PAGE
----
Today’s post is brought to you by the woman at the library today who was coughing all over everything in sight–her hands, the books, the tables, the entire periodicals section (including the current edition of Cooking Light magazine), and my unattended (thank goodness!) computer bag.
With the collision of holiday socializing and the cold and flu seasons, I thought we might all benefit from a review of some of the simple steps we can take to prevent the spread of these illnesses.
Cough into your sleeve. Most of us were taught to cover our mouths/noses with our hands when we coughed, but that just puts nasty germs on our hands…and then everything we touch. Don’t believe me? Maybe you’ll believe these guys:
Wash your hands. A lot. This will get rid of germs left lying around by people who haven’t seen the parrots. Or people like the library lady who don’t bother using hands or sleeves.
Clean shared surfaces frequently. Think: telephones, keyboards, door knobs, stair rails, etc. This will help break the hand-to-hand spreading connection.
Keep your hands away from your face. Most cold and flu germs enter the body through the eyes, nose, and mouth. And given that Some People can’t be trusted to cough into their sleeves or wash their hands and then go around touching everything…well, just keep your hands away from your face as much as possible.
Get plenty of rest. When we don’t get enough sleep, our bodies’ defense systems can’t do their search and destroy thing.
Get plenty of aerobic exercise. When you’re not resting, that is. Aerobic exercise gets the heart going and speeds up our breathing, which supplies our bodies with extra oxygen that feeds the natural virus-killing cells.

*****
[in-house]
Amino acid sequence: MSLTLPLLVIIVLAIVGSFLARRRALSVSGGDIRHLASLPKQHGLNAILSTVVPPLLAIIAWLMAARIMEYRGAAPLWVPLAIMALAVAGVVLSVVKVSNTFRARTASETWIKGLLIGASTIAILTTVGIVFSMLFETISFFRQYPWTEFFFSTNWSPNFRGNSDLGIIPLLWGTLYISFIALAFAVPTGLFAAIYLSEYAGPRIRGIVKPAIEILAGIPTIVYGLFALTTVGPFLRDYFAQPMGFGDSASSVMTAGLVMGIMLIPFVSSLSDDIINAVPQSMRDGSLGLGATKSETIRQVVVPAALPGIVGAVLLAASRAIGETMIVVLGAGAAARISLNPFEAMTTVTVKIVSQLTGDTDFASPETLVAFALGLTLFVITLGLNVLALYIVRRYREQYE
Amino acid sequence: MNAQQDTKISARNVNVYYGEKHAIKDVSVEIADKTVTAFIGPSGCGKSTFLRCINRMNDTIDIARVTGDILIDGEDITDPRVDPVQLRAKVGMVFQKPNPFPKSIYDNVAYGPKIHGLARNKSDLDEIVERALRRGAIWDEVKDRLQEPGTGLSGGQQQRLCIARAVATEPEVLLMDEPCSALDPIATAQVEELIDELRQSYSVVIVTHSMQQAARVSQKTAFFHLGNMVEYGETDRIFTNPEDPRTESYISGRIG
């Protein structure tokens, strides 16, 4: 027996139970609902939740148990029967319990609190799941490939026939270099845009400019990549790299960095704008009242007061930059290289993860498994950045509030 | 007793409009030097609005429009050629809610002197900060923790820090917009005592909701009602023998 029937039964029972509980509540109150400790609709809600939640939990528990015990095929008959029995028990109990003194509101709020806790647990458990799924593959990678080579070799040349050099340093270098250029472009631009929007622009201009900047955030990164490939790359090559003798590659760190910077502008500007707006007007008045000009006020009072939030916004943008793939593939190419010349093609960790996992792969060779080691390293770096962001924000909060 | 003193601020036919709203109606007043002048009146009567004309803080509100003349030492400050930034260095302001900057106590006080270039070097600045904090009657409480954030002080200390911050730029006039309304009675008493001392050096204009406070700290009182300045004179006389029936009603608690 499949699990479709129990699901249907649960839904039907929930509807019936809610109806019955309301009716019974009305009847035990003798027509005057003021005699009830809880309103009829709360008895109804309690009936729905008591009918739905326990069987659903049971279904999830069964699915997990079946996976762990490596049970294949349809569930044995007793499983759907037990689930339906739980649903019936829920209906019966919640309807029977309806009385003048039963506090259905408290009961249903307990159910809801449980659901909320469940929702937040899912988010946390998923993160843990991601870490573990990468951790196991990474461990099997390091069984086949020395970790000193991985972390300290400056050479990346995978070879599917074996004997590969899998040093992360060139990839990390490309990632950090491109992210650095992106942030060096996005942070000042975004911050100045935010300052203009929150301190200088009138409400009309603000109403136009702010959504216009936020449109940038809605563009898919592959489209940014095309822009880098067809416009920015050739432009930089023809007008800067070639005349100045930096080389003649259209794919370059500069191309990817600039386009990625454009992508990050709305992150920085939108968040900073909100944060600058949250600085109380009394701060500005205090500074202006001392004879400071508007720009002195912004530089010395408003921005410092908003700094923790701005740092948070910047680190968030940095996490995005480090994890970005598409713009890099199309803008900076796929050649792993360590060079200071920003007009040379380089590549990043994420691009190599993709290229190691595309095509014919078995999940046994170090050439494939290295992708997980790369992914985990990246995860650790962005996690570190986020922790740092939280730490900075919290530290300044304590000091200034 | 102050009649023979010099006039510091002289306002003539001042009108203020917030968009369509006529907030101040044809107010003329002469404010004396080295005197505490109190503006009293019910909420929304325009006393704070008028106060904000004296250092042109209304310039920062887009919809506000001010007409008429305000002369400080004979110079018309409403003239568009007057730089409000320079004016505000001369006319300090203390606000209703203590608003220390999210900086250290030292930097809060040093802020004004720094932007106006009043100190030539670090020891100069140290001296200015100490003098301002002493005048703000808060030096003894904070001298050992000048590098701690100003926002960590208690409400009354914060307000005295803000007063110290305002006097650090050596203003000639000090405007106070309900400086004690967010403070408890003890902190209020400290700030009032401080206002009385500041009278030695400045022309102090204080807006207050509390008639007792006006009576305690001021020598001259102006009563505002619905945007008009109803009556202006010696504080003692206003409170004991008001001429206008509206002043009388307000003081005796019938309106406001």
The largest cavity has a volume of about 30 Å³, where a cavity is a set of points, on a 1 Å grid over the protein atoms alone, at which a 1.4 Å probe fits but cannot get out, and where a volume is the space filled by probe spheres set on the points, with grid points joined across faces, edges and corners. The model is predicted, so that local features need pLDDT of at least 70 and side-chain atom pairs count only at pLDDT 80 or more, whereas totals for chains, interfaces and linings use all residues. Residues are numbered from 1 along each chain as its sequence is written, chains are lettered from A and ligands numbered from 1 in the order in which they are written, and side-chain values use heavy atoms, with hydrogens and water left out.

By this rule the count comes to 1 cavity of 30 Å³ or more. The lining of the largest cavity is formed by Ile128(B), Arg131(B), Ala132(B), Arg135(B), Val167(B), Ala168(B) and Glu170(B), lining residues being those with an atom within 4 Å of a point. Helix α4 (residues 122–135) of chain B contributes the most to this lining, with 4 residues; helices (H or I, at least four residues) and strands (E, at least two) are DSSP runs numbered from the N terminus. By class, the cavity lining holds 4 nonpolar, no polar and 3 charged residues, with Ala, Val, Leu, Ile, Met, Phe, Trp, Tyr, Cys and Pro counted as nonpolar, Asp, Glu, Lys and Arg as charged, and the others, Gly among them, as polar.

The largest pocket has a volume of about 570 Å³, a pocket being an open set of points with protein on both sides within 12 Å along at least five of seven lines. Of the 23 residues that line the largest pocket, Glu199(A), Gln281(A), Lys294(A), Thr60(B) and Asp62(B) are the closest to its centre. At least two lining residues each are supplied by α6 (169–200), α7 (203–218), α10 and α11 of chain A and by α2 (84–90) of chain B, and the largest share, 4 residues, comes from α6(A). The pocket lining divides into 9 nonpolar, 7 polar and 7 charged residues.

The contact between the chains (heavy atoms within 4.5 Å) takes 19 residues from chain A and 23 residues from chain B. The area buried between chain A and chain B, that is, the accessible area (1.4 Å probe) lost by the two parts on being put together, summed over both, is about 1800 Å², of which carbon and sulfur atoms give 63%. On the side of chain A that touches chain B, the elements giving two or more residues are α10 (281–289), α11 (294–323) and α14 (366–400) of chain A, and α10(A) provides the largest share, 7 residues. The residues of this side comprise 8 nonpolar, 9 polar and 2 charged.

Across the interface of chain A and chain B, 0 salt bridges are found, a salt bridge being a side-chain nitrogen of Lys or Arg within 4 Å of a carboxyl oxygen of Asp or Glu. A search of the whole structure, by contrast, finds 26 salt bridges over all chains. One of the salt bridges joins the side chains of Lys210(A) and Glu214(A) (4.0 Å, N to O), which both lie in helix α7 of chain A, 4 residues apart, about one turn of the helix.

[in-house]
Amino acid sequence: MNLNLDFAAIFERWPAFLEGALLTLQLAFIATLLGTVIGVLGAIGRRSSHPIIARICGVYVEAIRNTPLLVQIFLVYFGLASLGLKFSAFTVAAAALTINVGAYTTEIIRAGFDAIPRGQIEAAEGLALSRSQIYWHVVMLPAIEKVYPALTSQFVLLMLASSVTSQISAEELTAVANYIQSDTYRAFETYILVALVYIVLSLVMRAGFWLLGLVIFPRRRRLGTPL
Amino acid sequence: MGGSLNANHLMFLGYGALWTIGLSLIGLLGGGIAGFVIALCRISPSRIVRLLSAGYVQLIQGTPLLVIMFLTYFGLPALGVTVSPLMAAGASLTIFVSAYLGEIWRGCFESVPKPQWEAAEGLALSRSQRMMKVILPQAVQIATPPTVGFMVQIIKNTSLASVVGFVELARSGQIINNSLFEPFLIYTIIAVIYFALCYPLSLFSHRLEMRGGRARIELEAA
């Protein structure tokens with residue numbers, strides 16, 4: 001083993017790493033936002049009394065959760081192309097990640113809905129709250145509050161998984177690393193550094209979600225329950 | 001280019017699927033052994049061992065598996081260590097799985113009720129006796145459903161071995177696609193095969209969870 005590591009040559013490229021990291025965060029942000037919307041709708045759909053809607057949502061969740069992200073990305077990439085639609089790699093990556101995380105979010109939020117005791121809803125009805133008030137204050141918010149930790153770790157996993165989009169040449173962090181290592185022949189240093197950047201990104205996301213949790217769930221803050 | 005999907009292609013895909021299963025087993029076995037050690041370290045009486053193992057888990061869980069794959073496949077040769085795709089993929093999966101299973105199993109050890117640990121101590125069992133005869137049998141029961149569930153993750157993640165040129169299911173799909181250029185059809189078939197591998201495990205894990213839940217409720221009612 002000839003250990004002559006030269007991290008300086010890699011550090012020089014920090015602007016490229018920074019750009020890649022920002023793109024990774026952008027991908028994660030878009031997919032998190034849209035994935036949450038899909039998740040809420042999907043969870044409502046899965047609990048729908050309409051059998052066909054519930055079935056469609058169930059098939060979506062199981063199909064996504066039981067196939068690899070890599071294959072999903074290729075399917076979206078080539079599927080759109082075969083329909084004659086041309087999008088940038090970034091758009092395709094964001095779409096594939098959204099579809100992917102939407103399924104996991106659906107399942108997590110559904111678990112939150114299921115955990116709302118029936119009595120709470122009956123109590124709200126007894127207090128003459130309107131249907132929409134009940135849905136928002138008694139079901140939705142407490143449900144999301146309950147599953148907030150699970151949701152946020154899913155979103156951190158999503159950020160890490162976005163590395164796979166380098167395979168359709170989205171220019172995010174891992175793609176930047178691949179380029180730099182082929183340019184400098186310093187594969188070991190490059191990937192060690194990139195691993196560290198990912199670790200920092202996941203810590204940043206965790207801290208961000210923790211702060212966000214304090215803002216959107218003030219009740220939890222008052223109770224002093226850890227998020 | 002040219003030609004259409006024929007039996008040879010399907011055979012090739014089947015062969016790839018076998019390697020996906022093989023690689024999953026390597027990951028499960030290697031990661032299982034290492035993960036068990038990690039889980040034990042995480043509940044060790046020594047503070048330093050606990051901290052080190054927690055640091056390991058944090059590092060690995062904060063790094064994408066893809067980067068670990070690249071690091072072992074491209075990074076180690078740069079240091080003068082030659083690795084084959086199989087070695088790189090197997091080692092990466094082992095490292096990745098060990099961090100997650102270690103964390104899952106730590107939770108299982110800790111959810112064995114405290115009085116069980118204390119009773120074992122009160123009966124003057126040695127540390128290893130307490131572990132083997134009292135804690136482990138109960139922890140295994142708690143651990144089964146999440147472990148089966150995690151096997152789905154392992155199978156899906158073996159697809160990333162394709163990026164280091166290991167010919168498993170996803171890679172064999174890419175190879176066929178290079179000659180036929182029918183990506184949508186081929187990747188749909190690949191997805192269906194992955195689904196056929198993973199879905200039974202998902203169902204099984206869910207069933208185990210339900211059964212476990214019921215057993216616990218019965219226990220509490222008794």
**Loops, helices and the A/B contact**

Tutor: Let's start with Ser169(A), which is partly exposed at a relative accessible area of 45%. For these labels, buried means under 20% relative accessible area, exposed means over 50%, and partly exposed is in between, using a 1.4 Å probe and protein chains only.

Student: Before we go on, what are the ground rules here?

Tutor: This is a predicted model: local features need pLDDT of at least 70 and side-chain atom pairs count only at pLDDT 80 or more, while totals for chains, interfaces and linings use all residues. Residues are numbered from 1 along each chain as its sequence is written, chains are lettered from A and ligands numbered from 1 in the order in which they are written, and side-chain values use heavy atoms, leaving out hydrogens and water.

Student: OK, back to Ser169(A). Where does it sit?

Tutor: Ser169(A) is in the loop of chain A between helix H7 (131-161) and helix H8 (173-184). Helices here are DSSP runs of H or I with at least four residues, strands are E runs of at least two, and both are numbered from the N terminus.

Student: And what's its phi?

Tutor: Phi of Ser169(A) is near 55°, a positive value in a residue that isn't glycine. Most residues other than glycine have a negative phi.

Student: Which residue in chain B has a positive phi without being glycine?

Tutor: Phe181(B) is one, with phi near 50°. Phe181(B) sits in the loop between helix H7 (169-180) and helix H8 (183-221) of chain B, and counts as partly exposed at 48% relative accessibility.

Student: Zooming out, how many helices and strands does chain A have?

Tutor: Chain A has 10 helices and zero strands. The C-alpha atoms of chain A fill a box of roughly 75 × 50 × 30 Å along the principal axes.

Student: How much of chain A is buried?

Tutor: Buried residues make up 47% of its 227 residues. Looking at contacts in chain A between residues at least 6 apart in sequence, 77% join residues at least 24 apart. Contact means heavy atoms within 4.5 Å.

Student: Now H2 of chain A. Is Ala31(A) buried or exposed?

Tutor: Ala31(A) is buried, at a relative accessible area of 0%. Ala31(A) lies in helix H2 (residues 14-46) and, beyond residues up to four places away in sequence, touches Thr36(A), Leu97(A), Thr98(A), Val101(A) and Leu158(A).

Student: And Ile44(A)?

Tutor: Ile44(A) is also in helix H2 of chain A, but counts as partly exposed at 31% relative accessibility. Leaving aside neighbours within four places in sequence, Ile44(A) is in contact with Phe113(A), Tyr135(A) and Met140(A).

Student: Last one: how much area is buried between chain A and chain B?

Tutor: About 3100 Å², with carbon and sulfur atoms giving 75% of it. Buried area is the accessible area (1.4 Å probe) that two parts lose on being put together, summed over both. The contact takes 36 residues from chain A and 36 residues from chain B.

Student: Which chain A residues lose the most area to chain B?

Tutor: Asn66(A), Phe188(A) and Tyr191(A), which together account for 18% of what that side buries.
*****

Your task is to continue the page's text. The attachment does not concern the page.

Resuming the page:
Eat real food. Healthy, whole (or mostly whole) foods provide a more complete nutritional arsenal to fight off illness. I don’t think supplements are the handtool of Satan, exactly, but relying on them is going to leave out a few vitamins and minerals your body needs to defend itself.
Drink plenty of liquids. Hydration is important year-round, but be wary of consuming too many alcohol and sugar-based beverages as they just get in the immune system’s way and muck things up. Herbal teas, on the other hand, may help fight off viral/bacterial growth. Look for those containing Echinacea and/or licorice root.
Consider getting a flu shot. The CDC recommends that almost everyone get a flu vaccine each year. Others argue, however, that the chemical components and general effectiveness of the vaccine indicate that it’s an unnecessary and potentially harmful endeavor. It’s up to the individual to decide. I opt to get a flu shot because a) I seem to spend an inordinate amount of time with old people, and b) lacking health insurance, I really, really can’t afford to develop a serious respiratory illness. Your mileage may vary.
At the risk of jinxing myself, I’ll express my gratitude that I don’t get sick very often. I seem to catch a cold every year or so, and I’ve only had the real flu once. I hope to keep it that way, so you can bet your bottom dollar that I am vigorously executing the defensive maneuvers discussed above!
As always, I need to point out that I am not a doctor. I just play one on the internet. Not one word of this post should be taken as medical advice.
With that, I’m off for a healthy lunch, followed by some exercise, followed by rest.